First aim to lose 10% of your current body weight which would be about 28 pounds. At 2 pounds per week, it should take you about 14 weeks. With each 5 to 10 pounds you lose, go back to the Healthy Body Calculator® and enter your “thinner” data. As you lose weight, your calorie requirements will drop and you will need to adjust your food intake down as well so that you continue to lose weight.

I am 5’8″, medium build and weigh 207 lb. What should my weight be?

Well why don’t you try the Healthy Body Calculator® out so you can put in your goals i.e. weight and calorie distribution. You should weigh around 149 – 169 pounds. You can determine your body frame size (build) by using the calculator yourself. Persons with a medium build should weigh towards the middle of the range or around 154 pounds.

Hello. I’m about 20 pounds overweight and I just determined my daily calorie intake with the Healthy Body Calculator® on your web site. I must say that I was surprised (happily so) to see that I should be eating about 1900 calories/day. However, this seems REALLY high compared with what I’ve been told by magazines, companies, etc., which normally say that a 5’1″ woman should be eating between 1200-1500 calories/day. Why the difference? If I’m currently 125 lb., do Stairmaster 45 min 3-4x a week and want to lose about 20 lb., should I really be eating that much? I hope so.

First, there is no normal calorie requirements based on height alone. Your body composition and daily activity including exercise has a great impact on how many calories you burn. It is true that the taller / more active you are, the more calories you need to maintain your body. So, depending on how you entered your activity hours, there could be great variability in the calories calculated. Try entering various activities and see the results for yourself. BTW, your Stairmaster routine amounts to less than 20 minutes when averages over a week. Do you think you may have overestimated your activities when you used the Healthy Body Calculator®?

With regards to your weight, you are only about 10 pounds overweight. So, go back and rerun the Healthy Body Calculator®‘ with your weight goal and activity hours included. I would also suggest you include weight training in your exercise schedule as muscle burns more calories than fat. Include a goal of increasing your muscle mass and reducing body fat through aerobic exercise and weight training while including a gradual reduction in calories. Weight loss that is slow is more likely to be kept off. Focus on increasing your strength while eating healthy rather than a number on a scale.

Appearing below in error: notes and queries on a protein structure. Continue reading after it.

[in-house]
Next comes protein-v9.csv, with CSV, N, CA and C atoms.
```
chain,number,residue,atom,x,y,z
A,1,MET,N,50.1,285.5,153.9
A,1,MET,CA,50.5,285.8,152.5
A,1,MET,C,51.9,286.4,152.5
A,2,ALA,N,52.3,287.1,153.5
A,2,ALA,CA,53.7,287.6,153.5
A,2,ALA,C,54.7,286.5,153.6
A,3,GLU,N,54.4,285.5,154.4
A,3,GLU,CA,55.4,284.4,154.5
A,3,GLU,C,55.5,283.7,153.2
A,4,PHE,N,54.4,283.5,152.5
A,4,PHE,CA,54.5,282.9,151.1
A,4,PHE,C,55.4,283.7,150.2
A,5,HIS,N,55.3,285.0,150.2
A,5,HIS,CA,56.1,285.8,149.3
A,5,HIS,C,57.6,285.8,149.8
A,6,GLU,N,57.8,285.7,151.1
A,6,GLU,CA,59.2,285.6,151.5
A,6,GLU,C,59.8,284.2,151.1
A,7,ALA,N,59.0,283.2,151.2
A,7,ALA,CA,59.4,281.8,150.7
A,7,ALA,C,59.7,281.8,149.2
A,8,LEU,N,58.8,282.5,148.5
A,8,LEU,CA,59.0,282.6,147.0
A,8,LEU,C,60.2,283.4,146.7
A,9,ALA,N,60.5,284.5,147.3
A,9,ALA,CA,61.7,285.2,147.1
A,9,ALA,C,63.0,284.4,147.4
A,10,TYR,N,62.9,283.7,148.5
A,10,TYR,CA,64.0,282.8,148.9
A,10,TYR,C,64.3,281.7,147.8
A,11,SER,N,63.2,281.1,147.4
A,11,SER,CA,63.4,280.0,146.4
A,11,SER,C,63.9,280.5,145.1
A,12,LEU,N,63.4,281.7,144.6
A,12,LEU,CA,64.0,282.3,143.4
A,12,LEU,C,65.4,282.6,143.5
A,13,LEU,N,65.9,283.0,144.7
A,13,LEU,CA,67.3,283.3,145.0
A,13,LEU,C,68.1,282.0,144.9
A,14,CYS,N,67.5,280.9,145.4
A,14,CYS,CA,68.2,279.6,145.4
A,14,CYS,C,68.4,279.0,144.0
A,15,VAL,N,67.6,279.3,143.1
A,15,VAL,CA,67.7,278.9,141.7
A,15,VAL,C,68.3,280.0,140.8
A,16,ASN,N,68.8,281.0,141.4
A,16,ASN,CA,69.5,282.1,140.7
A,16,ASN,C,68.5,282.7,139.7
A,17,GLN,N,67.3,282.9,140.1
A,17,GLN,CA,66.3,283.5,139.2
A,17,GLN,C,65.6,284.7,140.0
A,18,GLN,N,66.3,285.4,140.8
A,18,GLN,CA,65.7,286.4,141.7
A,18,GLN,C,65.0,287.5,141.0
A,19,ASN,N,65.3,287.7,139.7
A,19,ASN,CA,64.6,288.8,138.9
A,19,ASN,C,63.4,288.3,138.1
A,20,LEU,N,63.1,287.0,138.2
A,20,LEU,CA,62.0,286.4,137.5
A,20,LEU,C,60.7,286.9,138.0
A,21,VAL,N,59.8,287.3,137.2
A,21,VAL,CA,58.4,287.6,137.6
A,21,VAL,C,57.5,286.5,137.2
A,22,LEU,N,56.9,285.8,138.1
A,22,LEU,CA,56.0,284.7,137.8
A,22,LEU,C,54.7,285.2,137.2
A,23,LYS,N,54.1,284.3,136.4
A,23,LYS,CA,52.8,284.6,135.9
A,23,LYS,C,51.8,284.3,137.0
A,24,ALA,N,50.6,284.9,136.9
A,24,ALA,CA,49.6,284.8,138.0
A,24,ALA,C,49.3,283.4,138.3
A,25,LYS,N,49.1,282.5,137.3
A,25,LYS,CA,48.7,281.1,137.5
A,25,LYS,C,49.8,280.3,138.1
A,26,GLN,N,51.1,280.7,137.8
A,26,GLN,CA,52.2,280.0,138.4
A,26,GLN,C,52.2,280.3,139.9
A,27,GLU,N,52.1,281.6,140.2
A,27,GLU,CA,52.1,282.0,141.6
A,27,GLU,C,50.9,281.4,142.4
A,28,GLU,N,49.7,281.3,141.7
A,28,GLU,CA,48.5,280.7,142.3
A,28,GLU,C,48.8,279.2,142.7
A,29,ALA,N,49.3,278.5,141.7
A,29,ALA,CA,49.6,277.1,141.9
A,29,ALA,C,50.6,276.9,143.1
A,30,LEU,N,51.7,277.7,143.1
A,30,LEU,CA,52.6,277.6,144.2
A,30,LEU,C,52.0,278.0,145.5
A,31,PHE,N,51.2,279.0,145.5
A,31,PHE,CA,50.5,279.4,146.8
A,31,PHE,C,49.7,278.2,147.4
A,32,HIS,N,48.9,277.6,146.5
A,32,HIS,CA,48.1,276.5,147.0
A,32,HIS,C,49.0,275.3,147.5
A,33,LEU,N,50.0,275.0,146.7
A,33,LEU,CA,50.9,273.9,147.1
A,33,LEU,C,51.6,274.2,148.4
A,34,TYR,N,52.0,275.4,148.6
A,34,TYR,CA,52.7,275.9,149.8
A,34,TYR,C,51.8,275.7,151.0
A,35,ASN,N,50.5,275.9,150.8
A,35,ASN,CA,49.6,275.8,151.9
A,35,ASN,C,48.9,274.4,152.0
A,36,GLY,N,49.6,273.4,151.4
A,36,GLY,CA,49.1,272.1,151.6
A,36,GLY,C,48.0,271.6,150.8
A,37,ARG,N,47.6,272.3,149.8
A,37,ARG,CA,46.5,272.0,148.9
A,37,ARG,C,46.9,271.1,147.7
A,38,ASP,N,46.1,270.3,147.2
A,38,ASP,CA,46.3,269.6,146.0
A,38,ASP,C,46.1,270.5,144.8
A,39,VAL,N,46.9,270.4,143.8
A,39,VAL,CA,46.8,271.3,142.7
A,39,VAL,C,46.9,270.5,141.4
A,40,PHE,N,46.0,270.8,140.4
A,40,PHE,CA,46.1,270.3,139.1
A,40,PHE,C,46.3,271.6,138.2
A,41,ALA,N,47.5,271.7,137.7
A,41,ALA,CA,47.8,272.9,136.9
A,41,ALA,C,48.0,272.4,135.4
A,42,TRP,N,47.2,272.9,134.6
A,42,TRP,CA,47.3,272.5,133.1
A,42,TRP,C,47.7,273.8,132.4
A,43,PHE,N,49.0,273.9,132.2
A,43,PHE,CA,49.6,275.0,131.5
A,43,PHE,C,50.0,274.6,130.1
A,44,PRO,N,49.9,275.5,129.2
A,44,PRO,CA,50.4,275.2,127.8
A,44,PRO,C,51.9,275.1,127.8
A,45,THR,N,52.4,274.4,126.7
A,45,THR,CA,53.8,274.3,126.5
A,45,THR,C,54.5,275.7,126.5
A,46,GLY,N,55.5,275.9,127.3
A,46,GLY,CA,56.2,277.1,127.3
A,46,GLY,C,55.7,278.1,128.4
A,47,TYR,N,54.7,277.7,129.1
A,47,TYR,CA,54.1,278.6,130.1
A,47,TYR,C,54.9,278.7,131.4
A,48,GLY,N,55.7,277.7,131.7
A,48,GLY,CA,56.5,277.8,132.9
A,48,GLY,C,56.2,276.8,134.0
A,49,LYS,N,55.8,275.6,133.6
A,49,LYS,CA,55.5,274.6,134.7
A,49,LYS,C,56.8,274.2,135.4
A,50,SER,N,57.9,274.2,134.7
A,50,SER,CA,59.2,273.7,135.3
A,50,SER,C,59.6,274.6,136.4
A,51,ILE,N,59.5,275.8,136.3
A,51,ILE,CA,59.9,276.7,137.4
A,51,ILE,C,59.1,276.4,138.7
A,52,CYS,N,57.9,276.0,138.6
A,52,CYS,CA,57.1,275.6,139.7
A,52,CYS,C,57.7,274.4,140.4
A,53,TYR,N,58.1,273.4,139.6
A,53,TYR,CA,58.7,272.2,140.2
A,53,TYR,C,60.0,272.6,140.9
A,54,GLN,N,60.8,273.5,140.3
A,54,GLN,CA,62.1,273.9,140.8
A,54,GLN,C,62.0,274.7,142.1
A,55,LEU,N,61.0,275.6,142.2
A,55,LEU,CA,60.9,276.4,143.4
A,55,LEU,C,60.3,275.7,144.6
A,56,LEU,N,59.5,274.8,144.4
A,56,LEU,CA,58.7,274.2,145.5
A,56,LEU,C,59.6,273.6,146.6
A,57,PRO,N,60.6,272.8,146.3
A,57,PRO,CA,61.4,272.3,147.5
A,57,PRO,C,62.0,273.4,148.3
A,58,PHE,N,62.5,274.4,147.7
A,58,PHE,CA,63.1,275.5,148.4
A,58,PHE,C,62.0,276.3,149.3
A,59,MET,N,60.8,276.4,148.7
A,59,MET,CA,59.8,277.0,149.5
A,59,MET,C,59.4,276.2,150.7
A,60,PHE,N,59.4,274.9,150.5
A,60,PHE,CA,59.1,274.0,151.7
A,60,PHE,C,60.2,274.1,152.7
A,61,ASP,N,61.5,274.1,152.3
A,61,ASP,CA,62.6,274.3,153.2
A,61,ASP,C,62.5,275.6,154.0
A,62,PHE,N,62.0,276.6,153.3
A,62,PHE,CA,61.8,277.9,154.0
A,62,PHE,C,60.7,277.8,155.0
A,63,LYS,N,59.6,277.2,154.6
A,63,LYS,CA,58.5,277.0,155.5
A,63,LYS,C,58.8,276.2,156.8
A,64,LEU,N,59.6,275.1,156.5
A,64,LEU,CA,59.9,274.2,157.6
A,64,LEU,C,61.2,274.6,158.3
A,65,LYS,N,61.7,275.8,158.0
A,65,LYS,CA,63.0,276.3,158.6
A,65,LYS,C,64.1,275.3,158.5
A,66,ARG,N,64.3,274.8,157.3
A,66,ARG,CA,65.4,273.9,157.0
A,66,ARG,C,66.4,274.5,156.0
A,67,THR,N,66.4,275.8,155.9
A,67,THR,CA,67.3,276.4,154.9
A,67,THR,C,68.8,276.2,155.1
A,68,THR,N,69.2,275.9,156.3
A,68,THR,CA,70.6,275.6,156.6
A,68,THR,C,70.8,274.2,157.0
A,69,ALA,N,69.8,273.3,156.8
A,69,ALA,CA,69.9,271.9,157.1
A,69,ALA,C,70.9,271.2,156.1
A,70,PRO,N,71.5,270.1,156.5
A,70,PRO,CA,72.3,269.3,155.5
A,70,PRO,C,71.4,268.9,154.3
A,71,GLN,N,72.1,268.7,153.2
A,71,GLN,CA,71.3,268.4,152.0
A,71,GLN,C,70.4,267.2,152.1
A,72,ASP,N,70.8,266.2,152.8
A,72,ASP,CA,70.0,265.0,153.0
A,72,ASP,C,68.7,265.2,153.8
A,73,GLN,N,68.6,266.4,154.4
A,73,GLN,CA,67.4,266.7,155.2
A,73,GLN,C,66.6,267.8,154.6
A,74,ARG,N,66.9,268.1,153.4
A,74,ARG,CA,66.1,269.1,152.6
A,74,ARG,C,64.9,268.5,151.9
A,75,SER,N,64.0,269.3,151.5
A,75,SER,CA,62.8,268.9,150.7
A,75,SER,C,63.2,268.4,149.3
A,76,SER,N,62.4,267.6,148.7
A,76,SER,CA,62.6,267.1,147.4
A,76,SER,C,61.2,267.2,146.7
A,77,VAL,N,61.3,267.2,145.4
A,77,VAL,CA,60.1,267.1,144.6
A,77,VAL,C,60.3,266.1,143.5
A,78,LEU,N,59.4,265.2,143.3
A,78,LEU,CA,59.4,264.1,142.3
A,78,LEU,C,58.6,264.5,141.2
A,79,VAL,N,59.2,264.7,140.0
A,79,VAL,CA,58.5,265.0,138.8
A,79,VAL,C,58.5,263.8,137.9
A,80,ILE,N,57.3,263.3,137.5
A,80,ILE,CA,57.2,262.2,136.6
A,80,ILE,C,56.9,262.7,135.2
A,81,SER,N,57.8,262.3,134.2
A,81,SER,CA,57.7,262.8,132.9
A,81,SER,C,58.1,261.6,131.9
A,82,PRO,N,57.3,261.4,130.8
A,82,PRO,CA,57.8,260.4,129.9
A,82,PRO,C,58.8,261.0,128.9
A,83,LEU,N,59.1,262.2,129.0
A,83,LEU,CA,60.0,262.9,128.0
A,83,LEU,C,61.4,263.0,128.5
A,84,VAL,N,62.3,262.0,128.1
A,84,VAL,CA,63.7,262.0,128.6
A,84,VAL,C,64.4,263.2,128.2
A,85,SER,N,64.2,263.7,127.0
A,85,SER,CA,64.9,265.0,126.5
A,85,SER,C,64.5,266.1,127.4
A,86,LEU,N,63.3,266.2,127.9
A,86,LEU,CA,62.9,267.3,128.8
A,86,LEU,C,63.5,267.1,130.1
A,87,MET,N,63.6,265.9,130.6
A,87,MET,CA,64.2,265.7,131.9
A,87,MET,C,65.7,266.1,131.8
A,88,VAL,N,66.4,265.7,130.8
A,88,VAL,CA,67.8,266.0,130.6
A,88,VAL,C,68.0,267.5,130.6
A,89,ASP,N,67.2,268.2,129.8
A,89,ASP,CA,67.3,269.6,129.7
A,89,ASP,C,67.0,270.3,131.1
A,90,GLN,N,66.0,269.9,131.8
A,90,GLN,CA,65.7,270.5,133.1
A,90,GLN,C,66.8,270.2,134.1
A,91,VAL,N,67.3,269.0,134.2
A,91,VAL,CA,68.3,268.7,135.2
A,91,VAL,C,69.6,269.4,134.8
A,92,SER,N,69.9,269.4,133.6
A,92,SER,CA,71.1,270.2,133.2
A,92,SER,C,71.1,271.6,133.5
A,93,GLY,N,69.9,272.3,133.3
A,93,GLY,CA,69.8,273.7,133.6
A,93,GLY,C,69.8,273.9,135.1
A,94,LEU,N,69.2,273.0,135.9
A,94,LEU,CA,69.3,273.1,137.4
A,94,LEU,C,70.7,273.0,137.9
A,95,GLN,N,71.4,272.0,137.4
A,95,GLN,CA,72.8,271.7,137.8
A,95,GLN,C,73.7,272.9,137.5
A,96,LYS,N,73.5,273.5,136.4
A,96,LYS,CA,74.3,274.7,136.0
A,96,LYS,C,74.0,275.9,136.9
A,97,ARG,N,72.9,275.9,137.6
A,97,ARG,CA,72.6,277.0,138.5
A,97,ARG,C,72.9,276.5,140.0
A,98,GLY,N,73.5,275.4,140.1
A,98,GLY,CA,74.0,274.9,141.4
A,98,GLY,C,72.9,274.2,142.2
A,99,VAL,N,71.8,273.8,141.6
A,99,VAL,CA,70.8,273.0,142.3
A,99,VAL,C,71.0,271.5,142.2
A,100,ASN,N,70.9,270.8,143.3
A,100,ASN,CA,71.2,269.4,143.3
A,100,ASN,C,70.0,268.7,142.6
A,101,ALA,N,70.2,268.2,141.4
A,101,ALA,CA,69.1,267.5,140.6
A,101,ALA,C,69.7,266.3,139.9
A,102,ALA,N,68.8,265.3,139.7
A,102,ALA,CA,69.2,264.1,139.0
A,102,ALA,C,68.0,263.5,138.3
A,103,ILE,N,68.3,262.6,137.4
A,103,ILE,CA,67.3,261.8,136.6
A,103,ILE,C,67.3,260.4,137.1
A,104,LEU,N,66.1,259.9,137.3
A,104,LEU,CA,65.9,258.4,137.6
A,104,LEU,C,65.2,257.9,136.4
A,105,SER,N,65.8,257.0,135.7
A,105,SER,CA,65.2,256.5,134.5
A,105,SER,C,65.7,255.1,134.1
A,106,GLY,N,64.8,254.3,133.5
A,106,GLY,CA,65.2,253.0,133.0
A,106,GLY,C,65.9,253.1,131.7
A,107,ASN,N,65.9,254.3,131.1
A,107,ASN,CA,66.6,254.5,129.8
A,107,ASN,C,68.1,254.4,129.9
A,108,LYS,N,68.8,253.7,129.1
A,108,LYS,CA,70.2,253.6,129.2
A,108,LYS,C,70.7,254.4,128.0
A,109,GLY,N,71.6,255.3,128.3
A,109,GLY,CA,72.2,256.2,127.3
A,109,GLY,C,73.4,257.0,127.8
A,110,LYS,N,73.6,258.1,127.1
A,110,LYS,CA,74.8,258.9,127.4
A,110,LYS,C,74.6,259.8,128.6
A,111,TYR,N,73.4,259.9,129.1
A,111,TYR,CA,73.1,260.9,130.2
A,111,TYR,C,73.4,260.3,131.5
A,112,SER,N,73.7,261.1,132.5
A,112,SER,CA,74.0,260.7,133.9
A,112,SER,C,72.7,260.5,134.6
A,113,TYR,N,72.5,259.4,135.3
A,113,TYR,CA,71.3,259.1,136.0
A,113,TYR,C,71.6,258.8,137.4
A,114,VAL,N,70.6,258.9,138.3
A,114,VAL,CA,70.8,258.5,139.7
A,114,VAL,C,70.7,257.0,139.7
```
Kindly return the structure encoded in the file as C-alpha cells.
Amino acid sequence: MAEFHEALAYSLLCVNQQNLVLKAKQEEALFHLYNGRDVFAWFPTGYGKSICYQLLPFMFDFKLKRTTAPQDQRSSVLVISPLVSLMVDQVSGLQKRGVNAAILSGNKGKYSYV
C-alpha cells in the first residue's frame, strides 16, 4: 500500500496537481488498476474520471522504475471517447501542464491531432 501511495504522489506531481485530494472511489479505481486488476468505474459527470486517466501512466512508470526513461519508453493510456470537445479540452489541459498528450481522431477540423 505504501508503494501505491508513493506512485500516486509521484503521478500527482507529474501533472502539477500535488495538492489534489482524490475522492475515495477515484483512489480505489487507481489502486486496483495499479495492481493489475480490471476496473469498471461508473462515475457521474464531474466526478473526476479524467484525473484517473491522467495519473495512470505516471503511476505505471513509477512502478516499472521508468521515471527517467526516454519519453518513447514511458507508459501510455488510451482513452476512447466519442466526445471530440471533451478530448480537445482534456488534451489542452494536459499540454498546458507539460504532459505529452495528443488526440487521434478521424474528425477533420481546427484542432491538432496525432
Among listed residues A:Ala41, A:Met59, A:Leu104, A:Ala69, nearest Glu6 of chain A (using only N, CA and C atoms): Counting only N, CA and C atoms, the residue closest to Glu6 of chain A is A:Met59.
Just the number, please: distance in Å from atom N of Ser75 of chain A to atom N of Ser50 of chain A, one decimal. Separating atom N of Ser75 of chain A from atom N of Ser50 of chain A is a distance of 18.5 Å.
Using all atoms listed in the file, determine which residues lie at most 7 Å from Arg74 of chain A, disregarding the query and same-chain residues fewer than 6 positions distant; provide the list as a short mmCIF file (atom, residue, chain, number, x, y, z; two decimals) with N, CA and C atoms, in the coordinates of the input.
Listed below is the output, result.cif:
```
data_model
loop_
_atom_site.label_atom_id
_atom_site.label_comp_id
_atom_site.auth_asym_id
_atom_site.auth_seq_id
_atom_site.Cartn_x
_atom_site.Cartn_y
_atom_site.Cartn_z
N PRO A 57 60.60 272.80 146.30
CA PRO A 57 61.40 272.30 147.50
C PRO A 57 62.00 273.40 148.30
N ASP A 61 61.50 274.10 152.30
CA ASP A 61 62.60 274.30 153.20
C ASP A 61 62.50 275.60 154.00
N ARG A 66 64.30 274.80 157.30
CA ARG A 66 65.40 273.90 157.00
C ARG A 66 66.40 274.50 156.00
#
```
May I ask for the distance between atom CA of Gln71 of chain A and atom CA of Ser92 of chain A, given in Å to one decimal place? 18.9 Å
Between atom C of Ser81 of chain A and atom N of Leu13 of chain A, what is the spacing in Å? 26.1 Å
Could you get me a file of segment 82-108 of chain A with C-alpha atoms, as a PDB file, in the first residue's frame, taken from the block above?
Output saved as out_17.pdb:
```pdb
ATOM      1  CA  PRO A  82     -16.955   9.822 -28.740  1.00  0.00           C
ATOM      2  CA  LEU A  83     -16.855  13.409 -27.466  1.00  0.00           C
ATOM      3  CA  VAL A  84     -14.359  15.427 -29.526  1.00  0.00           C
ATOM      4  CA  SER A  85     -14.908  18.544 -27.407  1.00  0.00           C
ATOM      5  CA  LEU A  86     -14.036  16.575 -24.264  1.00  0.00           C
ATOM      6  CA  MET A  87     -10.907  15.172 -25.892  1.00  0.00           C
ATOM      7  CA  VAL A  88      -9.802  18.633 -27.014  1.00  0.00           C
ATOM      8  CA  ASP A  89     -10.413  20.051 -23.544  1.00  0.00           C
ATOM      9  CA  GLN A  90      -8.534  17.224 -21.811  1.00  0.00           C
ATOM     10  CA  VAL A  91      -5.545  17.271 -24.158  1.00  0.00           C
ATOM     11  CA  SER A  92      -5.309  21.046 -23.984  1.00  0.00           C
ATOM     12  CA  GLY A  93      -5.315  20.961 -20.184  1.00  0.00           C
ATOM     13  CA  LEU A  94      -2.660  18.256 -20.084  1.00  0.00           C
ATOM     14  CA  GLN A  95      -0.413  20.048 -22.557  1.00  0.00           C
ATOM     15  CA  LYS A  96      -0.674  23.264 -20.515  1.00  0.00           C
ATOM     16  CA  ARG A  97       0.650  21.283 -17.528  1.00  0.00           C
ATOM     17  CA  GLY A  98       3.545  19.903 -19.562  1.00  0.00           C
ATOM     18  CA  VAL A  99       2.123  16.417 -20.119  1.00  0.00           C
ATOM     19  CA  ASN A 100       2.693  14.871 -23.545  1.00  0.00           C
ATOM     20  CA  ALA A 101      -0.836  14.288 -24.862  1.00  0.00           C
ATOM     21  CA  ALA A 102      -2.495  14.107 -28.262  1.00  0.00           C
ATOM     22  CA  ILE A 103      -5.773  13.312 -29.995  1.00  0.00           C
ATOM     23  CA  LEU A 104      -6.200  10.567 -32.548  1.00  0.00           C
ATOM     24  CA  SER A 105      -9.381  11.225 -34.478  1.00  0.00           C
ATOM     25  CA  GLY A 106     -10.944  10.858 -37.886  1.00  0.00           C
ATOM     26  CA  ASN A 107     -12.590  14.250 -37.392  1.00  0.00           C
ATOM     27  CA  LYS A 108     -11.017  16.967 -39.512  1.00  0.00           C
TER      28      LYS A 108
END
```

Where it says Your Nutrition Facts, is that saying what I am eating now or something I should be doing? That was a lot of calories and fat grams. I don’t even come close to that now. I eat probably 1000 calories a day and according your data I am definitely overweight so I really would like to know how / what the results of that calculator mean? I never feel hungry I have gone from eating at 5:30 PM to not eating till 12:30 P.M. the next day and not feel hungry. WHY???? Hope I hear from you soon.

Your Nutrition Facts are calculated from the data that you entered using proven nutrition science algorithms. If you chose to lose or gain or maintain weight, Your Nutrition Facts were adjusted to include that data. As to how Your Nutrition Facts compares to what you are eating now, you would have to evaluate that by writing down everything you eat / drink and analyze your food with some nutrition analysis software.

If you are overweight, then your calories and fat are going to be higher because it takes more calories to maintain your weight at that higher level. If you are on a weight reduction program, then you need to reduce your calories. As you lose 5 to 10 pounds, you will need to refigure how many calories to eat as your calorie needs will drop as you lose weight. When you get to your weight goal, you will need to slightly increase the calories you eat to maintain your weight goal, but not enough to start gaining again.